Microsoft's annual build conference is always an exciting event, especially for developers utilizing the company's services, such as Azure. As usual, the Redmond tech giant's cloud platform has headlined most announcements.

Microsoft OpenJDK written on a dark background

Starting with customers who want to run their Java Enterprise Editions (EE) workloads in the cloud, the Azure Marketplace has two new offerings. Customers running Java apps on JBoss EAP can migrate to Azure Red Hat Enterprise Linux (RHEL) virtual machines. Similarly, customers utilizing WebSphere can also transition to virtual machines on Azure.

That's not all for customers using Java. Microsoft's Build of OpenJDK, which hit preview on April 6, is now generally available. For those unaware, this is a long-term support (LTS) distribution of OpenJDK based on the Java SE Platform. The company recommends it as a Microsoft-supported option for Azure customers and says that it includes binaries for Java 11 based on OpenJDK 11.0.11, across various environments like x64 server, macOS, Linux and Windows.

Additionally, Durable Functions are now generally available and will let developers write serverless workflows in PowerShell. Built-in HTTP endpoints are also present for monitoring purposes. Logic Apps have been updated with new cost-effective hosting options, improved performance and integration with developer tools like Visual Studio Code.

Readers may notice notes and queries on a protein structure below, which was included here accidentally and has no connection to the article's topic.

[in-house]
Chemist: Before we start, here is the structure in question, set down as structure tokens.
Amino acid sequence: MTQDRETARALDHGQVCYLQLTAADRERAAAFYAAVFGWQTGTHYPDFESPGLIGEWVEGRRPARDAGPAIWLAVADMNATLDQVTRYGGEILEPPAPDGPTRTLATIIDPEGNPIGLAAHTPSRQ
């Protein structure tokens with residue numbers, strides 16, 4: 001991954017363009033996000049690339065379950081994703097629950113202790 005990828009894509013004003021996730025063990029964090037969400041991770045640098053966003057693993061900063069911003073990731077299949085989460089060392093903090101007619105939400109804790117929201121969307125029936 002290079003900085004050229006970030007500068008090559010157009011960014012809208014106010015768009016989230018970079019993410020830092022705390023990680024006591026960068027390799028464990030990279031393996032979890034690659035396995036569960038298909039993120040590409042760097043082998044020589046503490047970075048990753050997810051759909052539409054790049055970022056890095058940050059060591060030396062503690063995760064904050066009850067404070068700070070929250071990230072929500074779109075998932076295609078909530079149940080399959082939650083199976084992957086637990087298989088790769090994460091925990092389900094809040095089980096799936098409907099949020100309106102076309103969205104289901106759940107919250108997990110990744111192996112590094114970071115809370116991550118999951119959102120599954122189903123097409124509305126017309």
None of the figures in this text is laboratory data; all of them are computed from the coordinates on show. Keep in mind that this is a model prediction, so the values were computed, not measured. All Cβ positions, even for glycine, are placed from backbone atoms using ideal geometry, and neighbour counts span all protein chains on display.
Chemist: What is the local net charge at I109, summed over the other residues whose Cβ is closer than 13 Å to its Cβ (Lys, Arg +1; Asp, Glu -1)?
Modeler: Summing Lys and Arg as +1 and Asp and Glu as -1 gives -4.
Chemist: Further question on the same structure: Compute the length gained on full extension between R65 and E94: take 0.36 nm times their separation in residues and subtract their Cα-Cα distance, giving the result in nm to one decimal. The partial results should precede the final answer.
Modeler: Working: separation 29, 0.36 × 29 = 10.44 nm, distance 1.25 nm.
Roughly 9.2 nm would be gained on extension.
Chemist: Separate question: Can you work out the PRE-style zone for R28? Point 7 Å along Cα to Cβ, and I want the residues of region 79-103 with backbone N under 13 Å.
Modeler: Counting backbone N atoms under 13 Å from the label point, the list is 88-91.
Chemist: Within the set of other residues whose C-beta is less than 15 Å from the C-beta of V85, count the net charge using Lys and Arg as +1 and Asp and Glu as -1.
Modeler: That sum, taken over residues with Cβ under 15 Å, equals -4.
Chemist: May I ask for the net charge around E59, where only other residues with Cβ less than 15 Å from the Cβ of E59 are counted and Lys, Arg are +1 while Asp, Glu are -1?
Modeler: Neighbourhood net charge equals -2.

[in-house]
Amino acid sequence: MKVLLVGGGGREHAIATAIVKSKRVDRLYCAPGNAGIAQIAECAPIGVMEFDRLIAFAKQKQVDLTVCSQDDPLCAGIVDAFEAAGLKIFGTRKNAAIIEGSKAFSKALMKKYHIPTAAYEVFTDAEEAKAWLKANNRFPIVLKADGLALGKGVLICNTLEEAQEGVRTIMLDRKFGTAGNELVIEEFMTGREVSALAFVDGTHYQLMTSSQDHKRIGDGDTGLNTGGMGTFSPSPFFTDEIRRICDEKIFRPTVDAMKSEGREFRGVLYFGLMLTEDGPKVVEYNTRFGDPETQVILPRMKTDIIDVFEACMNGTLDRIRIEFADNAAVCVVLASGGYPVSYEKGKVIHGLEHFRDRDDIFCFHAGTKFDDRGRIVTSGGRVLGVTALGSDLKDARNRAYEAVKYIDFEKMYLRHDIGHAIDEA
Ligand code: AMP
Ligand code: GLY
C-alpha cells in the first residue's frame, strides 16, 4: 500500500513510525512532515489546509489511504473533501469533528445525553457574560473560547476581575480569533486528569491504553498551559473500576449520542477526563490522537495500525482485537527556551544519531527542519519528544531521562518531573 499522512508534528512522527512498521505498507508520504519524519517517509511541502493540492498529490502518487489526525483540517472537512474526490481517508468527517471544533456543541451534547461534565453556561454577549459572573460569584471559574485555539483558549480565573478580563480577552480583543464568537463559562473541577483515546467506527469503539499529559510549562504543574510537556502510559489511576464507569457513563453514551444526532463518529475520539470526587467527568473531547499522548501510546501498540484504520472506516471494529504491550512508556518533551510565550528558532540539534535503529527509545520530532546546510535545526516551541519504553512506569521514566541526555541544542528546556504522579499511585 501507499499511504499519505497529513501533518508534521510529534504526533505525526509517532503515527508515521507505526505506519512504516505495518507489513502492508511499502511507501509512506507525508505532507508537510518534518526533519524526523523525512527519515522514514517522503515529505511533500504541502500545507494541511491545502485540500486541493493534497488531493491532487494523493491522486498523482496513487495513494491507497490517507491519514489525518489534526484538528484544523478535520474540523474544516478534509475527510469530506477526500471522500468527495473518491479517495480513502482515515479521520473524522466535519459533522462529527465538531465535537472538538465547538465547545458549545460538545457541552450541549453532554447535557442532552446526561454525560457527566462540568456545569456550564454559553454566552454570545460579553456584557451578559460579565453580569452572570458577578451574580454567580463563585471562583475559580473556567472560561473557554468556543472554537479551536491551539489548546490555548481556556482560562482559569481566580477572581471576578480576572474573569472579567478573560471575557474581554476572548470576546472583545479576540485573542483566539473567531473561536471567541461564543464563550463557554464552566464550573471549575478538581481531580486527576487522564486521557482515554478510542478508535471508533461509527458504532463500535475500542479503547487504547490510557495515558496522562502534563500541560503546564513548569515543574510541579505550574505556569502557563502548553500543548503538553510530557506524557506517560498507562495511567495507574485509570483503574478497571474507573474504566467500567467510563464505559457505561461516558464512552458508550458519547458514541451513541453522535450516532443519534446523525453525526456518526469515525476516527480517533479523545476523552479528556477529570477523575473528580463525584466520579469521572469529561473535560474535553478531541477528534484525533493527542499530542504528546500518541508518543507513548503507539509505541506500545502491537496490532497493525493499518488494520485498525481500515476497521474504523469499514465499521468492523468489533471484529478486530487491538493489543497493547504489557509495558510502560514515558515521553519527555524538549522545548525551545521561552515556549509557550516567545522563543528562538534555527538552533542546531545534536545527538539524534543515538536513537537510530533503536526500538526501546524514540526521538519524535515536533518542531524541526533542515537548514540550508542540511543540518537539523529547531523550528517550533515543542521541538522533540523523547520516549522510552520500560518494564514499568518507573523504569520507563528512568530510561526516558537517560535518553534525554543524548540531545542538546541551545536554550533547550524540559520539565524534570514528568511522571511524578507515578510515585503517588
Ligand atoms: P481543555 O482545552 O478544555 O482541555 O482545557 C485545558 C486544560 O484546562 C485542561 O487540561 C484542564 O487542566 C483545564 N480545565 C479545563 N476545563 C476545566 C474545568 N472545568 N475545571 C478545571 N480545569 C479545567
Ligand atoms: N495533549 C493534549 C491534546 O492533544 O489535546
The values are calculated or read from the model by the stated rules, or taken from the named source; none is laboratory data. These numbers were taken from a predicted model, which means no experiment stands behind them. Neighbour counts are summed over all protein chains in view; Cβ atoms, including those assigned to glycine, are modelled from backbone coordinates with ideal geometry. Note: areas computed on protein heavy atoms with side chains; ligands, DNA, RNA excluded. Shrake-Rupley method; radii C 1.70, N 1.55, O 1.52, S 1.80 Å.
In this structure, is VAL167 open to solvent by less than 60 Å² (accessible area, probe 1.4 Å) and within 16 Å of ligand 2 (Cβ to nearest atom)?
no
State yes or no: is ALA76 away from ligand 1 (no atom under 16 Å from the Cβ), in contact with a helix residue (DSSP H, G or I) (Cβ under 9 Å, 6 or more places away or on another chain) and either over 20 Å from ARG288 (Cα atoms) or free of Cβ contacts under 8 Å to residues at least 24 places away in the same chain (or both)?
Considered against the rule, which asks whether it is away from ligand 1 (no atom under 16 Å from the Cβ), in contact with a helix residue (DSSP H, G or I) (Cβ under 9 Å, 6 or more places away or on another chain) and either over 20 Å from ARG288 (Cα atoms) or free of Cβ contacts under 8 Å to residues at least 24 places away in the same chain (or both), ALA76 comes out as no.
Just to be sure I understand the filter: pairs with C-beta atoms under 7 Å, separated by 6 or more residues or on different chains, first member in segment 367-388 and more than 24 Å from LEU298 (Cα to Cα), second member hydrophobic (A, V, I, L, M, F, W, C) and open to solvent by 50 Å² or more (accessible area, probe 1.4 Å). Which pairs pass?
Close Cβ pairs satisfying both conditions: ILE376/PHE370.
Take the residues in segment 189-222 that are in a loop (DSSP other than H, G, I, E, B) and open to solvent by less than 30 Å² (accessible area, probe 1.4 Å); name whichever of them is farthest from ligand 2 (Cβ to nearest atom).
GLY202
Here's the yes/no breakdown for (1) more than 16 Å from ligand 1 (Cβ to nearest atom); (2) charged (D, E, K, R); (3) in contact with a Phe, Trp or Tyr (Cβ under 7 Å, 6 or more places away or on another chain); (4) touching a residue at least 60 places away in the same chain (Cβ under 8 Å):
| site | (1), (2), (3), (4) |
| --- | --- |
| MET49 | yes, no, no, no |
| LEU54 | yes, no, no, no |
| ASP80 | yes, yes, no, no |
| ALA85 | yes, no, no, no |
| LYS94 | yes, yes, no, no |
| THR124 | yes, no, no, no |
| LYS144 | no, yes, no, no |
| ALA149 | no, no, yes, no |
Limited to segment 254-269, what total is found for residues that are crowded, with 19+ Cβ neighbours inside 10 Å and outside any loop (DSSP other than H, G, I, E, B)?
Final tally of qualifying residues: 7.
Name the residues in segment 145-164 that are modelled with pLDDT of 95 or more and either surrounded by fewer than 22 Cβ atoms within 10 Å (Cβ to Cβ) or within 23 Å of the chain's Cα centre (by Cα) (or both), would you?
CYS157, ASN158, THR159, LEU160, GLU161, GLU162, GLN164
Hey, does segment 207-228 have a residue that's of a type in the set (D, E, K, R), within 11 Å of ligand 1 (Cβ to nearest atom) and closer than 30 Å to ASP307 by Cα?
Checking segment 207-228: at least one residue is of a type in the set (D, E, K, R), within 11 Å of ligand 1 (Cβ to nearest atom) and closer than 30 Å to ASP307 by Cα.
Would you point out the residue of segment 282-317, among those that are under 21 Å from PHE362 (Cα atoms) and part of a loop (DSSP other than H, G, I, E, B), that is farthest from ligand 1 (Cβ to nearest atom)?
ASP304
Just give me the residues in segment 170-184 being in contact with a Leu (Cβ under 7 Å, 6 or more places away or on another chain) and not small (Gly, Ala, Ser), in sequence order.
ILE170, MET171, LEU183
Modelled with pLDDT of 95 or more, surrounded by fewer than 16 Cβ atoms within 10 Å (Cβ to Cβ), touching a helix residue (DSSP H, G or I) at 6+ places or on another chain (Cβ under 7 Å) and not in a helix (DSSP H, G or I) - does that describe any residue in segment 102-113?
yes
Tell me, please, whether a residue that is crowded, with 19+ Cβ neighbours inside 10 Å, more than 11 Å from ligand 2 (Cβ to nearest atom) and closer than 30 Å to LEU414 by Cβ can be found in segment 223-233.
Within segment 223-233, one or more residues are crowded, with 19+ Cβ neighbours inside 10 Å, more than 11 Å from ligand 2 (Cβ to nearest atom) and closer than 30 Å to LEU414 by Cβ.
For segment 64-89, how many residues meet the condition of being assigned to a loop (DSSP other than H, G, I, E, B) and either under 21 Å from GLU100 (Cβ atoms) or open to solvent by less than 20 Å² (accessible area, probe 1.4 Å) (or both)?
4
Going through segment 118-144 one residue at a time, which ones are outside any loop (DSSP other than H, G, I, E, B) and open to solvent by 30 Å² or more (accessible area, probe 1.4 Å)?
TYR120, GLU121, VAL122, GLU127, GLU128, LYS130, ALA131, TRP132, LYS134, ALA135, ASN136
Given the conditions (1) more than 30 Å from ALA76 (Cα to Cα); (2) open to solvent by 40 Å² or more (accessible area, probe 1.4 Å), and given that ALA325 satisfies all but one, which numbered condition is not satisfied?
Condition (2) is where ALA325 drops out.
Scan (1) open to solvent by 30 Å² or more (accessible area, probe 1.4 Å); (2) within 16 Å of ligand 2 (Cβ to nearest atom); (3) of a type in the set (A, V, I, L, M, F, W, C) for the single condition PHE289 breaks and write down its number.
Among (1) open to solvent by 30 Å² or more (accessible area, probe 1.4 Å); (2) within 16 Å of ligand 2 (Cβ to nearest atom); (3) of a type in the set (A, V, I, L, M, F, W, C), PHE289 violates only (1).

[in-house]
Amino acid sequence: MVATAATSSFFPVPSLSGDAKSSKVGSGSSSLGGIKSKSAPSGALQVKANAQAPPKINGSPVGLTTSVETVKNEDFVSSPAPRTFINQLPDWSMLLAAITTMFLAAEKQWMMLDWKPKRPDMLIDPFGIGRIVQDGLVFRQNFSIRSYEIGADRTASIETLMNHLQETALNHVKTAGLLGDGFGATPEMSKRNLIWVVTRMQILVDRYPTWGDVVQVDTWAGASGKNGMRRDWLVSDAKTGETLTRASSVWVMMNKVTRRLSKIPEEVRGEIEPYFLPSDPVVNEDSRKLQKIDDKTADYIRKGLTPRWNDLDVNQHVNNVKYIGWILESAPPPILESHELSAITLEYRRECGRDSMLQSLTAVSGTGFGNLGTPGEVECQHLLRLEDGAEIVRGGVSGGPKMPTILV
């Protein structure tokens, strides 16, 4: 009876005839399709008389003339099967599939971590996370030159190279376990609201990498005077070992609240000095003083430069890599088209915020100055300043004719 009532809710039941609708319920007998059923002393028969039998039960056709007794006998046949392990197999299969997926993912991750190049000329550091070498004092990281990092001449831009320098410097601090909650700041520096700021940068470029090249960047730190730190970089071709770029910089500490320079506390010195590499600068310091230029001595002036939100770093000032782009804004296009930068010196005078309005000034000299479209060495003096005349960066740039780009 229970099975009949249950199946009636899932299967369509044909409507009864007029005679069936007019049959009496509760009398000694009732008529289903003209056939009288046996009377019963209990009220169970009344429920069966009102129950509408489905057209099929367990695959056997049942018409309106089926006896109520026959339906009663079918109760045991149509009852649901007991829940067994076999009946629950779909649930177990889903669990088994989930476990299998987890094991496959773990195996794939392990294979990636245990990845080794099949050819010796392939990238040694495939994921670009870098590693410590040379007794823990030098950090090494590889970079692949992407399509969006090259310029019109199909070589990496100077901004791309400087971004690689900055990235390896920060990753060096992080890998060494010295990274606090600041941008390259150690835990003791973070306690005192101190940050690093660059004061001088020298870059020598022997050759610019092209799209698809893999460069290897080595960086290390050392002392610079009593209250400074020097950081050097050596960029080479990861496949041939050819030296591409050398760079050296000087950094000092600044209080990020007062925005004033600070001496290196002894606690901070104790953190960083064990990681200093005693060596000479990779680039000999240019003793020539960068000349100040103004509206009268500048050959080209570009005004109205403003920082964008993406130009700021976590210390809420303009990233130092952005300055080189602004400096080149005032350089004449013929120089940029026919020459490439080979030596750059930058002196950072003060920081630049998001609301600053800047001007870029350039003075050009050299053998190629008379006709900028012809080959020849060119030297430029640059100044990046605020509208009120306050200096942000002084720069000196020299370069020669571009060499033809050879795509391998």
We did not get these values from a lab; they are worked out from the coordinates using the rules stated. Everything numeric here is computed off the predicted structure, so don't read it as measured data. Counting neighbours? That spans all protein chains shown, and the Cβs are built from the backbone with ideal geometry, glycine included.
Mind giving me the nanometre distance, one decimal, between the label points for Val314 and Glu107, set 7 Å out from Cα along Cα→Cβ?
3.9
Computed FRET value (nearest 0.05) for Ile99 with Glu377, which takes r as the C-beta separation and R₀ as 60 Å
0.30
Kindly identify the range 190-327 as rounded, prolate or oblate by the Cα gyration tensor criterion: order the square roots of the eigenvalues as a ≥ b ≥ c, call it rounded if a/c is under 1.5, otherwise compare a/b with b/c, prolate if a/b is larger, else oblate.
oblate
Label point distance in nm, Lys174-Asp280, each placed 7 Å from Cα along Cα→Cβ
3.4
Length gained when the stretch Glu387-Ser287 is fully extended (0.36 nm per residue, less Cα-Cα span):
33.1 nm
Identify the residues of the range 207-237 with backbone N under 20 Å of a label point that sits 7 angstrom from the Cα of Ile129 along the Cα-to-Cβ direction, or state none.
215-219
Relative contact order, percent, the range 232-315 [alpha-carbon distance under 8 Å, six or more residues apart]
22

In the same vein, Azure app services can now run on Kubernetes clusters via Azure Arc. This capability is currently available in preview. For users of Azure API Management, native support for WebSocket APIs is in preview, allowing a consolidated view for observation and management.

Finally, loads of enhancements are coming to Azure Communication Services, all in preview. As of now, a UI library contains Fluent UI components. The Traversal Using Relays around NAT (TURN) protocol can be utilized in communication components built using Communication Services. Meanwhile, the Calling SDK has been made available for the Universal Windows Platform (UWP) through which developers can build communication experiences across Windows 10, Xbox, and more. Call recording is coming to Azure Communication Services next month and so is direct routing, which builds a virtual connection between an app and legacy telephony systems.